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Wednesday, 9 May 2012

Soprano avoirdupois

A more serious, less anecdotal, follow-up to previous post Does Weight Count?

Do women need to be fat to sing opera? No
Given opera is visual as well as musical should they be thin(ish)? Probably.

Are fat singers better than thin singers? “Better” is subjective; singing voices differ as much as speaking voices. Executive skills (pitch, high-note ability, low-note control, etc) tend to be a given in these competitive days.

Why then are there still fat singers? Why are there fat women?

Why was Debra Voigt (Brunnhilde in the Met’s recent Ring series) required to undergo surgery to reduce her weight while Stephanie Blythe (Fricka in the Ring), of a similar weight, not required to? I think because Voigt takes leading (ie, more dramatic) roles.

Are there disadvantages to being fat? Visible sweat.

Where did the earlier tradition for fat singers begin? The $64,000 question. That singers tended anyway to be fat is speculative. Pre-war opera drew a minority audience who appear to have been satisfied solely with vocal – as opposed to acting – ability. Fat may have been associated with vocal ability because there were fewer thin singers. Amelita Galli-Curci was thin(ish) and a star.

When did this tradition change? Post-war; Callas started out fat (and drab); dieted; became a world star. However, Joan Sutherland (known affectionately as La Stupenda) was almost her equal. Because Callas became shrill in the upper register while Sutherland’s typically bel canto technique was impeccable the fat-is-best credo still had some support.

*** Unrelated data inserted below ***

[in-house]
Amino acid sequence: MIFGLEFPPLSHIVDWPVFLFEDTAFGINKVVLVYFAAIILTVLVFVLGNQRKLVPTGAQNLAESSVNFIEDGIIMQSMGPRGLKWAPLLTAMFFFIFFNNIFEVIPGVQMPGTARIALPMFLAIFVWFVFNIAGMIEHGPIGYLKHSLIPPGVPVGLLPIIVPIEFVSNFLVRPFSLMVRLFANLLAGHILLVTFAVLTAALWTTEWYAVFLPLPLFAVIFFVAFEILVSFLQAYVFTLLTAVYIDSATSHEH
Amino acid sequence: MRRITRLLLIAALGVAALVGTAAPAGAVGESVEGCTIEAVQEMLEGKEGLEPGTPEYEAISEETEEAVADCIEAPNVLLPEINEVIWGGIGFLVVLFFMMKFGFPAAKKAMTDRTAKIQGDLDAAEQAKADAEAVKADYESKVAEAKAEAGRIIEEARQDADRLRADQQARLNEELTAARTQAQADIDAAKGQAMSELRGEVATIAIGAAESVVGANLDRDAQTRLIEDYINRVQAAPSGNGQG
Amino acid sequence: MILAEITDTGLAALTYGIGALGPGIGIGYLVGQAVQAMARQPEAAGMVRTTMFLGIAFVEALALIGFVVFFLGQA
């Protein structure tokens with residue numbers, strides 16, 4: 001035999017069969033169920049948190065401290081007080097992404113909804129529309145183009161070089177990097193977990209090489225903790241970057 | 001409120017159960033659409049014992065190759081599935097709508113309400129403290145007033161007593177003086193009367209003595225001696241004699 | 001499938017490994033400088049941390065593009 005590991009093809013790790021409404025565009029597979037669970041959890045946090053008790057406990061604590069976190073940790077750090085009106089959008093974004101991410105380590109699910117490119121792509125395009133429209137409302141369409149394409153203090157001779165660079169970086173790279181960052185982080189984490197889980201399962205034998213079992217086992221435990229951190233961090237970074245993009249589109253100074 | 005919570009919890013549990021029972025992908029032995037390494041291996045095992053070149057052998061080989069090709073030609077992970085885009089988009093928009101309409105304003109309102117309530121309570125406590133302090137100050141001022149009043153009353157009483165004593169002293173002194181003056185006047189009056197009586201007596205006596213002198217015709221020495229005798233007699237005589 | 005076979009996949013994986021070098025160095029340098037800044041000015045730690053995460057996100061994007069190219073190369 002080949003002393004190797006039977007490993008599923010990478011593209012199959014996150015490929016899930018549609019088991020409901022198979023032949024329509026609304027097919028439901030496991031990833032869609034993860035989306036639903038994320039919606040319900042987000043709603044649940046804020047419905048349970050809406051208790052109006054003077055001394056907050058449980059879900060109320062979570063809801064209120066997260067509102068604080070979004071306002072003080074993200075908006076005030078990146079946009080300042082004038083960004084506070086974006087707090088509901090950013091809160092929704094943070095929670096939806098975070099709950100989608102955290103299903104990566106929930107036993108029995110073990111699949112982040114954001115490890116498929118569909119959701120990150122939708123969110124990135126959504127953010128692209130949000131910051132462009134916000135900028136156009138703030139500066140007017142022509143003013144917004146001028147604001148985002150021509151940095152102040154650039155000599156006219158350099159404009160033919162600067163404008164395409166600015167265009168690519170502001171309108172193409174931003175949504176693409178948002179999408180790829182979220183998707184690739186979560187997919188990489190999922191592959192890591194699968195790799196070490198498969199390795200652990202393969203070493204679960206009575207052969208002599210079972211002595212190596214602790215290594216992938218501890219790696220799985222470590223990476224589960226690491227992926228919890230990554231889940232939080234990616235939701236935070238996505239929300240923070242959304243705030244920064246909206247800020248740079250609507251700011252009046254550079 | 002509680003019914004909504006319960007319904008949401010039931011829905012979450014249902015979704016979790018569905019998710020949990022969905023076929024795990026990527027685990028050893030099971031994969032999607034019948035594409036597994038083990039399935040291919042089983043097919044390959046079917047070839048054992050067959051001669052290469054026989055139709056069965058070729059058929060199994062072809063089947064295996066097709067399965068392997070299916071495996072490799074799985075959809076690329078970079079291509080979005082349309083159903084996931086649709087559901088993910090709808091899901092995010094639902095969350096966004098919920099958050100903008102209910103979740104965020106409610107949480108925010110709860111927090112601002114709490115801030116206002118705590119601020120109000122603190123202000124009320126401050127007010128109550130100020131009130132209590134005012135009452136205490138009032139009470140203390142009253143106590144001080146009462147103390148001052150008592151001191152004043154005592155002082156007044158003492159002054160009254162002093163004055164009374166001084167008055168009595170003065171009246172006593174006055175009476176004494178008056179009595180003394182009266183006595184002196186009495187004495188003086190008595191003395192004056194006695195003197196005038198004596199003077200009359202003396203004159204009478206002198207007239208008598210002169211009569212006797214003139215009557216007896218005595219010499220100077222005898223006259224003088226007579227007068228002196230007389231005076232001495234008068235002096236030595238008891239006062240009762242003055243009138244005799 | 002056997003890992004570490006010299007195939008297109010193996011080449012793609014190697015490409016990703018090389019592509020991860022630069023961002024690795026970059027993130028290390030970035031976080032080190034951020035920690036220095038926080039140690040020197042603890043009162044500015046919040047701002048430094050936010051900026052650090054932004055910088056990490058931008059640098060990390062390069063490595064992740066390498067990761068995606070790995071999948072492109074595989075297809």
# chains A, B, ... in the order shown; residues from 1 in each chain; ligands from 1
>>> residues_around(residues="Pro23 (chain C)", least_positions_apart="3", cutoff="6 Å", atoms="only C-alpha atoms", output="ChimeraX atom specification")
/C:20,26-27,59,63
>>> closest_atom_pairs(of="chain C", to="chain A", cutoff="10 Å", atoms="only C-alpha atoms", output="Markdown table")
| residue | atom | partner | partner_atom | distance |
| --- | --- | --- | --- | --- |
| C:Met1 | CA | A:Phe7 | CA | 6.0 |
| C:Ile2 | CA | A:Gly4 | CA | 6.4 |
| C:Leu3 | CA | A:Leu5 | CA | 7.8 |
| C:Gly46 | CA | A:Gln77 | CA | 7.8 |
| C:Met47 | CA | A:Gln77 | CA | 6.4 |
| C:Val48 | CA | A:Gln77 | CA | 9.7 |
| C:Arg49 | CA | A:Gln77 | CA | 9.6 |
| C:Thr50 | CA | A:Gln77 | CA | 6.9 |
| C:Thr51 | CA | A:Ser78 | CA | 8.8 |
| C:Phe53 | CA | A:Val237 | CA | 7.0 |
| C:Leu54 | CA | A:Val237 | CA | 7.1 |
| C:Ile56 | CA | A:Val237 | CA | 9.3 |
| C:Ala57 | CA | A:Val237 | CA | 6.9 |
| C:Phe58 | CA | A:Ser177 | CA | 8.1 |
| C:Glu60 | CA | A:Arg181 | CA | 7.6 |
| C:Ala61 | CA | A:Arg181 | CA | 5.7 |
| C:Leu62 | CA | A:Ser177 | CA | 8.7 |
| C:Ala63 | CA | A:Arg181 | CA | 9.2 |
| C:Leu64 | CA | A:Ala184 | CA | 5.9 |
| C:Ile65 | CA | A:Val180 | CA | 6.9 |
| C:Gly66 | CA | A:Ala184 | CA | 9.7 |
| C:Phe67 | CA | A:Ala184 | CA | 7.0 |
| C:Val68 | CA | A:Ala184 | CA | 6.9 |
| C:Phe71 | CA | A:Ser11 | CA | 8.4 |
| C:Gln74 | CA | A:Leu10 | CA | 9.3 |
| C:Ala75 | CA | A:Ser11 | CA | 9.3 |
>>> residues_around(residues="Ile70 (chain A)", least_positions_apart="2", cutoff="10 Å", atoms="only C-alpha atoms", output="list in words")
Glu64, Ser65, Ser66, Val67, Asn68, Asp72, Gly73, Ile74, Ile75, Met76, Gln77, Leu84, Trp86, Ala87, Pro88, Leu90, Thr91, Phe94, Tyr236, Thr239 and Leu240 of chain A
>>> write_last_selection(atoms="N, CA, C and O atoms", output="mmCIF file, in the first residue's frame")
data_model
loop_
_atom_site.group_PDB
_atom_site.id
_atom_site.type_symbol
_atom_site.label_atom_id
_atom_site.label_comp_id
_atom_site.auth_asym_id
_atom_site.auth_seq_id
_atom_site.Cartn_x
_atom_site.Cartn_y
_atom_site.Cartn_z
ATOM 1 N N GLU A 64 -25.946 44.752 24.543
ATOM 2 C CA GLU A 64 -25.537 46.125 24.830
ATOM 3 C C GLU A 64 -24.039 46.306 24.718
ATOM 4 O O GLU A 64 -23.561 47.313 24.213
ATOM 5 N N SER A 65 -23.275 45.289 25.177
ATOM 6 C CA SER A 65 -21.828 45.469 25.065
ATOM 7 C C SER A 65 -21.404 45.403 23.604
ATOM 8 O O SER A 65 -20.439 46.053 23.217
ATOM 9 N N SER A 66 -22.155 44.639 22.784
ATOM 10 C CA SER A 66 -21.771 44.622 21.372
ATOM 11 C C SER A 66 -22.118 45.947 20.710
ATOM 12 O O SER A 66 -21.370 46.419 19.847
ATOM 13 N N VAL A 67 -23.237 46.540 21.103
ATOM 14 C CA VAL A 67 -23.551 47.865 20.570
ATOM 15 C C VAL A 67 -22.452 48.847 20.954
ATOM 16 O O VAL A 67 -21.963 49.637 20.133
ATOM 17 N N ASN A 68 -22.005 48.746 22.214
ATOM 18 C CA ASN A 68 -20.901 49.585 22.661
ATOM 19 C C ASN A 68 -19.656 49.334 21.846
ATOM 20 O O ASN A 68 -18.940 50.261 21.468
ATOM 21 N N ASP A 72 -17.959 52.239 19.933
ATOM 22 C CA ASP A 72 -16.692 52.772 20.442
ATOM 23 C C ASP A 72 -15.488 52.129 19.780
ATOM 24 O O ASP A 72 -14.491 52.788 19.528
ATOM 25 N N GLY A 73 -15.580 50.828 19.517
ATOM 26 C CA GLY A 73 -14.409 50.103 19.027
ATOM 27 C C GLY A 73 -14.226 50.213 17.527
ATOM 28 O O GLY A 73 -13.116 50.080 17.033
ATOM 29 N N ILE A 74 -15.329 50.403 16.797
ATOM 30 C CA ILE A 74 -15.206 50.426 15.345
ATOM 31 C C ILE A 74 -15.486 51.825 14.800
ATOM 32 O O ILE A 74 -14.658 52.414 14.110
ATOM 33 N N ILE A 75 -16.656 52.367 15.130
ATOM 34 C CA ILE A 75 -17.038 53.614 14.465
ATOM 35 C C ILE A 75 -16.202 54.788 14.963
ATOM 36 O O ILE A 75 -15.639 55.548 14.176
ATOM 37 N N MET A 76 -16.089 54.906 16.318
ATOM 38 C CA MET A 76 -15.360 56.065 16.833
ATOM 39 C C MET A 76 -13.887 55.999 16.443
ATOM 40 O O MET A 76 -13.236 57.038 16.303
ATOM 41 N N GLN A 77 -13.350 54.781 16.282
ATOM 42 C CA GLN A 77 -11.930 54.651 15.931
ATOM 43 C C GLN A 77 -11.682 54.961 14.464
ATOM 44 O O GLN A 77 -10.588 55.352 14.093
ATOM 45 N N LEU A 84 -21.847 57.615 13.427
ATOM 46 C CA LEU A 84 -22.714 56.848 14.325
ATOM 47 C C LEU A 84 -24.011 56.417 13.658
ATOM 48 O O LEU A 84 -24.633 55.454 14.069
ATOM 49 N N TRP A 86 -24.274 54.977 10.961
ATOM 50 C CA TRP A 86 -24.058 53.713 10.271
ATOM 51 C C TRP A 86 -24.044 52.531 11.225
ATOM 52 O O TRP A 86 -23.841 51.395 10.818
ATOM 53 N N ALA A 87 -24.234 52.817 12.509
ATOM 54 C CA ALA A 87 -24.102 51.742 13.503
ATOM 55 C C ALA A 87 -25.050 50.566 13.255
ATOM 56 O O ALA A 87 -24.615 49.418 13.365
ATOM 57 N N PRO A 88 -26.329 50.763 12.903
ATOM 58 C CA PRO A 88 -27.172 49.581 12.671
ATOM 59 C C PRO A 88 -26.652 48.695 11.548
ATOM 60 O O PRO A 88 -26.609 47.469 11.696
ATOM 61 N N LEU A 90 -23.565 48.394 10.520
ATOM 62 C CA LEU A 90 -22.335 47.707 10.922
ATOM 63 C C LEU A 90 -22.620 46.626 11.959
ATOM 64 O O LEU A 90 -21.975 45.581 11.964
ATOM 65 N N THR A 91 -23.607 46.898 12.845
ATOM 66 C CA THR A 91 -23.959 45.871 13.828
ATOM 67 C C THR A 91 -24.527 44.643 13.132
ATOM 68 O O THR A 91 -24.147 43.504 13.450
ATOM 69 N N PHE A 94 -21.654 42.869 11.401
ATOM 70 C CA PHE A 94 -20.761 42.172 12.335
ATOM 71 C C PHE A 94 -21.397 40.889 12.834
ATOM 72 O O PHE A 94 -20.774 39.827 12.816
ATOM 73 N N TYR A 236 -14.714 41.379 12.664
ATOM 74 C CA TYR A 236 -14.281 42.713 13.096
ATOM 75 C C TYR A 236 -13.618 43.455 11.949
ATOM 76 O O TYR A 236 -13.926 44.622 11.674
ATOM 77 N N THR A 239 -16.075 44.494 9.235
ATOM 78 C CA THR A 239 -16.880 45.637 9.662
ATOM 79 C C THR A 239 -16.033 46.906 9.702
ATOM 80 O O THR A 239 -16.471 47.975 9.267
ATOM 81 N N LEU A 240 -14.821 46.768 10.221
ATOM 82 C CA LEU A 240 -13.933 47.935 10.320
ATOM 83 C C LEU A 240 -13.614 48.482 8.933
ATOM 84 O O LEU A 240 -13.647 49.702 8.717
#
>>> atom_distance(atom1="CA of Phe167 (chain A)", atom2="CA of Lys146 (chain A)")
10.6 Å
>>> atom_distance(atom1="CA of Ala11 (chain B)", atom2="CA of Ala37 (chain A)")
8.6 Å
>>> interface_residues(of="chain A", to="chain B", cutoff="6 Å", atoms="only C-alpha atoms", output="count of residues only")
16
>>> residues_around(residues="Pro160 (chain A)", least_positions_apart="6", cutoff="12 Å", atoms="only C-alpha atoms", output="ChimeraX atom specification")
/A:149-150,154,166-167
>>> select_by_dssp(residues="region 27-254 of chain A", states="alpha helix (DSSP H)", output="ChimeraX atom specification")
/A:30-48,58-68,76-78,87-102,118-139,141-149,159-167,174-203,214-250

Why did the tradition change? LPs made opera more popular and (arguably) led to more live opera. TV also contributed, certainly in my case. More people were seeing opera.

Will fat singers die out? Perhaps. Or drop down financially to sing oratorios, cantatas, masses, etc.


  1. Should singers like boxers weigh in before a production? More sense in this than there might seem. A monstrous soprano singing opposite a whispy tenor, for example, could invoke laughter where it is not wanted.

  2. Plutarch: The first opera I paid to see was Magic Flute, done by ENO at the old Palladium. My willingness to suspend belief was tested to destruction. The temple acolytes carried small pyramids, lit from within with an electric bulb. Except that one of pyramids (out of at least a dozen) was unlit. It was obviously the result of a popped bulb but it was difficult not to ascribe (theatrical) significance to it.

    Far worse was the physical structure of Tamina: twenty-two stones at a guess, wearing a vestigial nightgown, the few hairs on his balding head drawn backwards into the most miserable of ponytails. At one point he lay on the floor while someone hymned his nobility and courage. Honestly, he looked like a pile of garden waste. Our party included a woman in her twenties who was seeing opera for the time; she discoursed afterwards, amusingly, on this paradox and I knew that her male acquaintance would have difficulty dragging her off to see another opera. Definitely not such stuff as dreams are made on.